STANDING NAKED AT THE TOP OF THE WORLD
1924: Noel Odell watched the two men through his scope as they continued to climb higher into the “Death Zone”, that elevation above 8,000 meters (26,247 ft.). They were the first to ever make it this high and he estimated they were about 800 vertical feet from being the first to climb the world’s highest peak, Mt Everest. A cloud crept in and Odell lost sight of the climbers. George Mallory and Sandy Irvine would not be seen again until their bodies were discovered in 1999.
It was the early days of Himalayan mountaineering when attempting such peaks pretty much meant death. The natural question is then, Why then do it? A reporter asked George Mallory that very question to which Mallory gave his famous answer, “Because it is there.” Here is the full quote and it is astounding:
You ask, “What is the use of climbing Mount Everest?” and my answer must at once be, “It is no use”. There is not the slightest prospect of any gain whatsoever. We shall not bring back a single bit of gold or silver, not a gem, nor any coal or iron. We shall not find a single foot of earth that can be planted with crops to raise food. It’s no use. So, if you cannot understand that there is something in man which responds to the challenge of this mountain and goes out to meet it, that the struggle is the struggle of life itself upward and forever upward, then you won’t see why we go. What we get from this adventure is just sheer joy. And joy is, after all, the end of life. We do not live to eat and make money. We eat and make money to be able to enjoy life. That is what life means and what life is for. “So why climb Everest?” you ask.
Because it is there.
(Check out this short video of the 1924 British Everest Expedition)
Raw, honest, and refreshingly unapologetic, Mallory’s answer pierces through the layers of reasons and excuses we all build to protect ourselves from scrutiny. He could have taken the safe way out and lied. He could have spun any kind of reason to prevent people from thinking he was nuts. It’s what we do. He could have said, “It is for scientific reasons.” They did find some fossils up there. Or, “I’ve been hired by General Charles Bruce on behalf of the Royal Geographic Society to explore the world’s highest peak.” With the North and South poles each reached, there was a race to claim “the third pole” which was the world’s highest peak. Mallory, being British, could have easily replied, “For Queen and country,” and that would have been beautifully acceptable to everyone. No, George Mallory exposes his true self for everyone to see. He will go naked to the top of the world. It is awesome.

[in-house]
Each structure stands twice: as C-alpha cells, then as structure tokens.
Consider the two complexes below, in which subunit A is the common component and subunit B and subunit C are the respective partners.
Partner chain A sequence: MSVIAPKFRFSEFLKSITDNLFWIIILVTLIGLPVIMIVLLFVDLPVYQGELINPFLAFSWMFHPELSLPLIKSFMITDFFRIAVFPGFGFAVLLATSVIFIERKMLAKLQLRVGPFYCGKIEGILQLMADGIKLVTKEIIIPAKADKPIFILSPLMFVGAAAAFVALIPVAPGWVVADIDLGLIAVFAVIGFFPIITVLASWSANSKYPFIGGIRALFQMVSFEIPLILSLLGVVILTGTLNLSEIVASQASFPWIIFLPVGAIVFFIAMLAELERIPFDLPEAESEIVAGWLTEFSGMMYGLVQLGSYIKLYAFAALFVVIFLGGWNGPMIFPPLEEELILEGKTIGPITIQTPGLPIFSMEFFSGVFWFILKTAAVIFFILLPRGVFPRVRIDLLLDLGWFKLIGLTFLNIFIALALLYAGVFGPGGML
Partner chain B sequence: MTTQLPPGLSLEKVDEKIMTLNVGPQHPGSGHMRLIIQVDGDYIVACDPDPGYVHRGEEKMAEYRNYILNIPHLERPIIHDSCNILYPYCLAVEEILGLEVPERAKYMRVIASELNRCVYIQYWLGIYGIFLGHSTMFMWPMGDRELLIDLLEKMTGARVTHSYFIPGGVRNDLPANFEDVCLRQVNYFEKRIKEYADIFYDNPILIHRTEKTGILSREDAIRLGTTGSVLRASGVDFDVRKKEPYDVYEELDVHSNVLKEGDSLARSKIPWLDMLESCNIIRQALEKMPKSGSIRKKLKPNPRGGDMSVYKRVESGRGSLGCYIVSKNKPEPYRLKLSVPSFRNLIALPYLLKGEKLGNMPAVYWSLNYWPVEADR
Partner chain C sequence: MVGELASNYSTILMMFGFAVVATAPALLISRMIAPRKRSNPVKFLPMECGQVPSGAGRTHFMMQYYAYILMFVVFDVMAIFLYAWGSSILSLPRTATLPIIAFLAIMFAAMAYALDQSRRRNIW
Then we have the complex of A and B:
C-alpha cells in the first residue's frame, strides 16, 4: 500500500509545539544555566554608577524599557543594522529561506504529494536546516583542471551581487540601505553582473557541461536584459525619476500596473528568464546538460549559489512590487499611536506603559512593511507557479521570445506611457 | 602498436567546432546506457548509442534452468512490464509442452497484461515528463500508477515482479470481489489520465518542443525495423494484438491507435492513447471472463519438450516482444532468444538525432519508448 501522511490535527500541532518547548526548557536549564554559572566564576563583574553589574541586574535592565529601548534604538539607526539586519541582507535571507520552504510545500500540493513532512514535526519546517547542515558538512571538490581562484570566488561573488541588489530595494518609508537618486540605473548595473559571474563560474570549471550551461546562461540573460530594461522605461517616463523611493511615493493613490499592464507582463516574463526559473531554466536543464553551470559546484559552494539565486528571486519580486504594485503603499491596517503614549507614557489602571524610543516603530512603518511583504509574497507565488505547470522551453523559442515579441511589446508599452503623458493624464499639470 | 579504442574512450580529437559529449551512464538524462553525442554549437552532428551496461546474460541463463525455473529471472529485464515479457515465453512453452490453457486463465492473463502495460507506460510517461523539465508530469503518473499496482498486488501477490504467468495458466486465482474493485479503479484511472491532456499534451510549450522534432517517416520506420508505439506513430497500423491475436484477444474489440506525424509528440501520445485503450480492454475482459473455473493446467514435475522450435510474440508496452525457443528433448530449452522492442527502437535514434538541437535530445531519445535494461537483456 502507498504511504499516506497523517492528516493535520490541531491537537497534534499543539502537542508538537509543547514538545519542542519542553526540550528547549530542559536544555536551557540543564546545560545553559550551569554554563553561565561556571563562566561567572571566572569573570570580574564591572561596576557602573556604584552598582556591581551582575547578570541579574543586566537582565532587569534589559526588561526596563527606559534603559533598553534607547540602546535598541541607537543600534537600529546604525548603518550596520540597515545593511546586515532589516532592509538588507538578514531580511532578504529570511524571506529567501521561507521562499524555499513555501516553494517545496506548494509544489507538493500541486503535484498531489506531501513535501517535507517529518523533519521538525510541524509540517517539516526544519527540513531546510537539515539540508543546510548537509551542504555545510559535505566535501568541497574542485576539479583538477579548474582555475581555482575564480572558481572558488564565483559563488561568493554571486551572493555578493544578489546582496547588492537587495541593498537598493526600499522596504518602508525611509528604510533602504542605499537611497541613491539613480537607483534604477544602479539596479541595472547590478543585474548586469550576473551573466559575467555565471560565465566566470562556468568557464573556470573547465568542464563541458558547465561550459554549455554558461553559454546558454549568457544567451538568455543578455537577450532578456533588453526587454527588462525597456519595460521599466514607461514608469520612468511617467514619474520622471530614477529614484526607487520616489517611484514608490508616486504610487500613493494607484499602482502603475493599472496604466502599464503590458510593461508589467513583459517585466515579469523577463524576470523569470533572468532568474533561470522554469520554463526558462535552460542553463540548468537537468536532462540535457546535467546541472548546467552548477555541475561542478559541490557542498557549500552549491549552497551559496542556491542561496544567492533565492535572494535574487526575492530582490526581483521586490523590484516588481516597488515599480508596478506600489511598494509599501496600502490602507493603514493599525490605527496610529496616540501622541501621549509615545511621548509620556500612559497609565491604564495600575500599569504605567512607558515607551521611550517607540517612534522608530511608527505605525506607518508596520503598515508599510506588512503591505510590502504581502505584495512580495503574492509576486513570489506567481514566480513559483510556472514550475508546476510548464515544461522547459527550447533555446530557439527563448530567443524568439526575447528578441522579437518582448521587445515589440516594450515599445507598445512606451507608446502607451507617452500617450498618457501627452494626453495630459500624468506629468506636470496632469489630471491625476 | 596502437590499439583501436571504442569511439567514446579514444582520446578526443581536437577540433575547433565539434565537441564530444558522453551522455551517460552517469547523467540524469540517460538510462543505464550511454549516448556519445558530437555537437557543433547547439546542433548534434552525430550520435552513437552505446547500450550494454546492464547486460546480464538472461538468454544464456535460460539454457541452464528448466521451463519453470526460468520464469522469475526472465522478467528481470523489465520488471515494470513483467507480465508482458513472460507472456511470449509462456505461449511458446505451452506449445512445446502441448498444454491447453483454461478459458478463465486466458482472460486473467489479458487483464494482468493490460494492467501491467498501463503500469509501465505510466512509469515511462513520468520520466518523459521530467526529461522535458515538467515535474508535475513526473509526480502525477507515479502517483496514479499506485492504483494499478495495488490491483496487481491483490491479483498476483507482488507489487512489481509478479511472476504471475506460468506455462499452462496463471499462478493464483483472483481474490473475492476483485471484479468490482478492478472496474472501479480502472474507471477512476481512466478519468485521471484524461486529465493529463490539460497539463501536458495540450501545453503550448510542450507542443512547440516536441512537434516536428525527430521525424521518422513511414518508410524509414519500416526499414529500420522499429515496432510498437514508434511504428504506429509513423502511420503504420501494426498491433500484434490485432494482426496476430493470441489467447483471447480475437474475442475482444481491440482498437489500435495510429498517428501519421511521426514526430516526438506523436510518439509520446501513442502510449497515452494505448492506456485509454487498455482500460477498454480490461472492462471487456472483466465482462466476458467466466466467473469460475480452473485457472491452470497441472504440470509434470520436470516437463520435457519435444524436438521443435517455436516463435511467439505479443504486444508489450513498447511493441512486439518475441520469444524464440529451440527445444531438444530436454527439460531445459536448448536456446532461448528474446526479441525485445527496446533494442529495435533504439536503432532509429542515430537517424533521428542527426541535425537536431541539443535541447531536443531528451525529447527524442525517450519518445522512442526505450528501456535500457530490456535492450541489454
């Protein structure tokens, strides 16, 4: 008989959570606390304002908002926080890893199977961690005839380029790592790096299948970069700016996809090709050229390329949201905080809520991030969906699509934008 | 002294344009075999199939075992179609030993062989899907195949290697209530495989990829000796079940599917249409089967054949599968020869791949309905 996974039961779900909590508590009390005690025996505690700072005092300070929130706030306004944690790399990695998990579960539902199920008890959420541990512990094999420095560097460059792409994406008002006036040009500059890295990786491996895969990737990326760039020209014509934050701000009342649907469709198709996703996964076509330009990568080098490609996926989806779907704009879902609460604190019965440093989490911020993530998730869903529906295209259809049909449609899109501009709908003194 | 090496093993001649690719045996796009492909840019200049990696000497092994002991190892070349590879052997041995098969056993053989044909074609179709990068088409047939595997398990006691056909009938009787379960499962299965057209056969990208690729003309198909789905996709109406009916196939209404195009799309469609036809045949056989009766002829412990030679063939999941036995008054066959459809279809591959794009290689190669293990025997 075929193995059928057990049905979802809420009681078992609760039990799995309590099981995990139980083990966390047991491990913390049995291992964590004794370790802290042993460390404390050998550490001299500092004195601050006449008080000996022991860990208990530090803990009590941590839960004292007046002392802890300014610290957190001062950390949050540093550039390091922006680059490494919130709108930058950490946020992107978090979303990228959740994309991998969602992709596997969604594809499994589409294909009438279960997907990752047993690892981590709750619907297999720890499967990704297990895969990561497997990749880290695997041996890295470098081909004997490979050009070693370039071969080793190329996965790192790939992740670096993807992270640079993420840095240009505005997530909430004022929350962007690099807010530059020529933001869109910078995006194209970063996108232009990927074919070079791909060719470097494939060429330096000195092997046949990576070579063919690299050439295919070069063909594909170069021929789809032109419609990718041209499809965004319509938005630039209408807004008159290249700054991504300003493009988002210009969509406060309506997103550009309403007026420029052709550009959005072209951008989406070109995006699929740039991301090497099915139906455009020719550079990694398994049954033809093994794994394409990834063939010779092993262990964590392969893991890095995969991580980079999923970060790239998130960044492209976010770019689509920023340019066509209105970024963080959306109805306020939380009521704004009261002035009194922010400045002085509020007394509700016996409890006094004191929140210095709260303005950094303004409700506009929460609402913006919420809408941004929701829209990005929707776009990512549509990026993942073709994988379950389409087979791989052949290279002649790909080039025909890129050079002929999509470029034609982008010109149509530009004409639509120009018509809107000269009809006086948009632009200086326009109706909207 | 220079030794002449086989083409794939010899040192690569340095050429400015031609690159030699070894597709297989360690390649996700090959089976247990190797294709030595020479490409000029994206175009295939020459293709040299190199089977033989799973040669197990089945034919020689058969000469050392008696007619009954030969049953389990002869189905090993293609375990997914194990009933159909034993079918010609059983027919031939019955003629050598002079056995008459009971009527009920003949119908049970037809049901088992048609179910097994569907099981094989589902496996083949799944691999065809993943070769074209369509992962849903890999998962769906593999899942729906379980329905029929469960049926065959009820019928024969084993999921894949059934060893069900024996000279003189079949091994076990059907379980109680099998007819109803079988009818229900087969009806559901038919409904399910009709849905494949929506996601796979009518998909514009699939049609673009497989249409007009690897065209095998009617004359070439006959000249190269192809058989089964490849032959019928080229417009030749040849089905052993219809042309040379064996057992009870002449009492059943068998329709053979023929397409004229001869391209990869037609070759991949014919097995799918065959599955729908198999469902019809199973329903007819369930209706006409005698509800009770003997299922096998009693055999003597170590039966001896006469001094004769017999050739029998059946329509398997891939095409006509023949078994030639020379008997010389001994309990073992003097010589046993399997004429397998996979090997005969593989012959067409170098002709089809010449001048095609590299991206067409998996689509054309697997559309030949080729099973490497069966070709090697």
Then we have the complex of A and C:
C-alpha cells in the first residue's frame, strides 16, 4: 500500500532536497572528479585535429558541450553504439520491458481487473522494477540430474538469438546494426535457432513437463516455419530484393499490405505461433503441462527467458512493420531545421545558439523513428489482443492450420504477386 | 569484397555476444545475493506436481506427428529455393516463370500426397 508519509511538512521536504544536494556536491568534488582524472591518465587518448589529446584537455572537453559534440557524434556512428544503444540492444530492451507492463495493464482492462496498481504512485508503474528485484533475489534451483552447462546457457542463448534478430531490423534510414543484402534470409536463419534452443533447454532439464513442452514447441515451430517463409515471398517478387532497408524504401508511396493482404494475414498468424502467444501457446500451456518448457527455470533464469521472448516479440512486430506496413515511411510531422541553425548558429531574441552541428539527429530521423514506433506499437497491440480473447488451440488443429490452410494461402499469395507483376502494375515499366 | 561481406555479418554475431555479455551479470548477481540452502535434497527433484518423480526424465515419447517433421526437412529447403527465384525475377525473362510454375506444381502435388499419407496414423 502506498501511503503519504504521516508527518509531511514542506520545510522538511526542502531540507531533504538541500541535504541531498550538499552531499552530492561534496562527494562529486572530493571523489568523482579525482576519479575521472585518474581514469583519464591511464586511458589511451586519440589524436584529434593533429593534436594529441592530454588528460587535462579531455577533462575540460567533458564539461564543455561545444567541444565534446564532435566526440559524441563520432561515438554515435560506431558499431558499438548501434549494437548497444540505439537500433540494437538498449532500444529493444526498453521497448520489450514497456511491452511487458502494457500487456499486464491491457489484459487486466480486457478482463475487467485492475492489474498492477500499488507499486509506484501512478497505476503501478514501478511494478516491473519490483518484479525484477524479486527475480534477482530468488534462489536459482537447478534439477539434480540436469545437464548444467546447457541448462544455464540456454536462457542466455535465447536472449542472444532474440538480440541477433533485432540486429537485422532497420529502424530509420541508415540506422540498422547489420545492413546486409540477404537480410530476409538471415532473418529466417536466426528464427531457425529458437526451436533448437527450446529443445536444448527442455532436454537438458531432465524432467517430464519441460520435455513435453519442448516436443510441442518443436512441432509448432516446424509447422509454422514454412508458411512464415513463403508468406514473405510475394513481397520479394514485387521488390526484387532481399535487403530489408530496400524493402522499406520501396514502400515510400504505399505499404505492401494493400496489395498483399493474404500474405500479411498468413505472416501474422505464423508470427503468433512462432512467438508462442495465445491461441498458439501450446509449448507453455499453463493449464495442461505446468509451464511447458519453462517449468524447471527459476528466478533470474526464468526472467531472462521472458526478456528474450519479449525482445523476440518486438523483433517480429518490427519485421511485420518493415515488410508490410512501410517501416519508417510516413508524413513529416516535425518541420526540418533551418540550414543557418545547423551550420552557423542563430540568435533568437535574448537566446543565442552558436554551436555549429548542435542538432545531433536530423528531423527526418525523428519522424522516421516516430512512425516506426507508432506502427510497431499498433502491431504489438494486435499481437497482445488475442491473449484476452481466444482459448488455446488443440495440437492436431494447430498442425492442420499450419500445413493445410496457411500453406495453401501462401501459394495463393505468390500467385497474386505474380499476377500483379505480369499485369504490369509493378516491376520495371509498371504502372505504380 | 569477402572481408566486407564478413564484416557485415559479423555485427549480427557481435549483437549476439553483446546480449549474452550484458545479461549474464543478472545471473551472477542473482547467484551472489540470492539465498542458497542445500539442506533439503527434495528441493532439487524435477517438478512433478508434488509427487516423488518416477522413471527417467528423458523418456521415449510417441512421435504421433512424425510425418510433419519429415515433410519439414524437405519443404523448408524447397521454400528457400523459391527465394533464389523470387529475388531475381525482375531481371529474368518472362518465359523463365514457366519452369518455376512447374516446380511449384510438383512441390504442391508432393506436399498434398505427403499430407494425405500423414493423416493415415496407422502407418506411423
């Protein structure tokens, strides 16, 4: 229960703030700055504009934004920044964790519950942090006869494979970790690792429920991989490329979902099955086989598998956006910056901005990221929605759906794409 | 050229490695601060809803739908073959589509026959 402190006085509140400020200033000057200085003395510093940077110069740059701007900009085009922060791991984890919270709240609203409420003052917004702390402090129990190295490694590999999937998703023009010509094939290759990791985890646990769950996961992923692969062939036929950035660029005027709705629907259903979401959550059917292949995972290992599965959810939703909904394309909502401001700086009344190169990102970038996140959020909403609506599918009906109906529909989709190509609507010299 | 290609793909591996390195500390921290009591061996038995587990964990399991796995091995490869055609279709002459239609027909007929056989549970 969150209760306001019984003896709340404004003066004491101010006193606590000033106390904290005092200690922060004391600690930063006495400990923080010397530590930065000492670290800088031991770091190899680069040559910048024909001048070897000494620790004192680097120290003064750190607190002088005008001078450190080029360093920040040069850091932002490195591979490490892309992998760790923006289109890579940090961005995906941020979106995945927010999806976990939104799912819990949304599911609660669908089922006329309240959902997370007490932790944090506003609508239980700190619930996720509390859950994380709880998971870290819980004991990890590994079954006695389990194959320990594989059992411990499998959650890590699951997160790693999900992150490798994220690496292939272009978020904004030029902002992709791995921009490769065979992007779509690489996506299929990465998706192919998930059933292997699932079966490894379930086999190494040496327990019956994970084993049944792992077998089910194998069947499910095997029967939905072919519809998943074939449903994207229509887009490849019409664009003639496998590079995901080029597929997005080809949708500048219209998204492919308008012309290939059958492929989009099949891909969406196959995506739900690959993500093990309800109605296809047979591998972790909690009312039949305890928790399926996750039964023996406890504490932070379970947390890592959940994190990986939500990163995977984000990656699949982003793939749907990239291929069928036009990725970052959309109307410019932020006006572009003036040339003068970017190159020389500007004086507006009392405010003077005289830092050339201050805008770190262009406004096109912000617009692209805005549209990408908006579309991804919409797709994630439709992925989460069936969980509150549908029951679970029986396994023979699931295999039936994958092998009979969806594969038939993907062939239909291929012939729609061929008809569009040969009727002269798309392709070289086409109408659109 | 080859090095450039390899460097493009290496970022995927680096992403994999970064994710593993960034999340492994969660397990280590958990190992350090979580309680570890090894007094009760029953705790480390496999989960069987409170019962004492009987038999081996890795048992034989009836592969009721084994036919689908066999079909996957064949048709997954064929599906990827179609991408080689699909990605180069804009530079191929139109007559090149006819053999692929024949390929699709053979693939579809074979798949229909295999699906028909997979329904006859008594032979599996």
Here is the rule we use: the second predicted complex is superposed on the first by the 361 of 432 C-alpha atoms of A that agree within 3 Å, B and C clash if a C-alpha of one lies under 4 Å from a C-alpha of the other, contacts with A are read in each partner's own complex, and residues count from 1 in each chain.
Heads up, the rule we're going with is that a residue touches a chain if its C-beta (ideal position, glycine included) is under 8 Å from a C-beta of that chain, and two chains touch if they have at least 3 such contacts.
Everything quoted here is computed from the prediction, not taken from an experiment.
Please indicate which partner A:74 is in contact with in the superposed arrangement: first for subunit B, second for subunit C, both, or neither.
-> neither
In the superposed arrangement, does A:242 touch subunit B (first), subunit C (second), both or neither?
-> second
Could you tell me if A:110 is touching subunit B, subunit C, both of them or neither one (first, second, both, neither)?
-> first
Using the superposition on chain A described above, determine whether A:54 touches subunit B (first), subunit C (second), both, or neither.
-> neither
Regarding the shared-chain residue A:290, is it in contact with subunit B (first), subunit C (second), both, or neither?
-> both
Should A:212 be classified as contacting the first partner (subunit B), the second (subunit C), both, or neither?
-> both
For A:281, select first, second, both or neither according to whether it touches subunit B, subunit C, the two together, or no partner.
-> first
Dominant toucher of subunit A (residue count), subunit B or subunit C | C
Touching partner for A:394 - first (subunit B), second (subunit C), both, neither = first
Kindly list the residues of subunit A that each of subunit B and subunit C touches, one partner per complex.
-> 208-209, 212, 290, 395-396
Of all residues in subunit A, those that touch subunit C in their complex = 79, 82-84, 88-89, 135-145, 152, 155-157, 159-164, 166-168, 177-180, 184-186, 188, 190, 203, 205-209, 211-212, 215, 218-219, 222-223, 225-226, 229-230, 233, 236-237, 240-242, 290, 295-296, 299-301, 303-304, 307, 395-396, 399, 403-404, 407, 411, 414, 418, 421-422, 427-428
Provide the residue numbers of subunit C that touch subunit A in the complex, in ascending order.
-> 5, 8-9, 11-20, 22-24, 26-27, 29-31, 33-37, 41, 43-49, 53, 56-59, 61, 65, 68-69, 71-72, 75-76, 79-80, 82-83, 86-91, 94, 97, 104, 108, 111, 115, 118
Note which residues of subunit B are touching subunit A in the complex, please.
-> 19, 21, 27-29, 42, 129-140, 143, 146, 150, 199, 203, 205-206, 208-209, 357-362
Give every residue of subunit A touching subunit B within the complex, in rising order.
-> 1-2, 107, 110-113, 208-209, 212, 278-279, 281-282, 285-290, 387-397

Mallory put up no facade about why he was attempting the third pole. He laid himself bare. He did not make up an external reason for his passion placing an insulating layer between himself and his critics. Mallory gave zero shits about what people thought and stayed true to himself. And in this day when it’s all about creating “Likes” through social media (personal advertising), Mallory’s response is as refreshing as it is liberating. Imagine a world where you don’t have to pretend or make excuses – a world where you are dead to the fear of people accepting or rejecting you based upon the image you can fabricate. You are happy because you are genuinely living, or maybe living genuinely.
Hold that thought.
2016: I was in a hospital waiting room with my son, Larry. It was a small room with outdated fixtures and decorations. Hey, the 1980’s just called they want their kitten hanging by a tree limb poster back. The only other people were a couple sitting across from us. The room was disappointing and my restless attention needed sport. I settled on the man and starting doing what I have been conditioned to do. I judged him based upon his appearance.
Unkept, unwashed, heavy-set, his navy blue sweat suit synced with the room’s theme. His thick, over sized glasses rounded out the package and gave him the look of Milton from Office Space. All of this should have given me that transitory rush of feeling good about myself, but it was lost on me because of what the man was doing in his lap. It was disturbing. With hands busy, his unwitting wife next to him quietly thumbing through a magazine, out in the public for anyone to see, right in front of my son and I which was awkward, “Milton” was unapologetically and quite unashamedly … knitting … and I soon loved him for it.
You see, men don’t knit. Or at least if you do, keep it to yourselves. We won’t ask and you don’t tell. What was the matter with this guy? Was he simple? My heart broke for him because he didn’t know any better than to knit out in public where people could see. And where was his wife in all this? Again based upon her appearance, she looked like she had it together. Did she really want the world to think she married a cupcake?
But these thoughts were quickly pushed aside by the stronger notion that a man has a pair of big balls of yarn to knit in public. The rusted machinery of my worldview began to lurch and grind into action as it changed position. My neural pathways connected “Milton” with George Mallory. “Milton” wasn’t going to climb Everest “because it is there,” but he can knit “because it is there” and like Mallory he didn’t give a stitch about what I or anyone thought. He wasn’t knitting to impress me. He was knitting because it meant something to him. This is cool.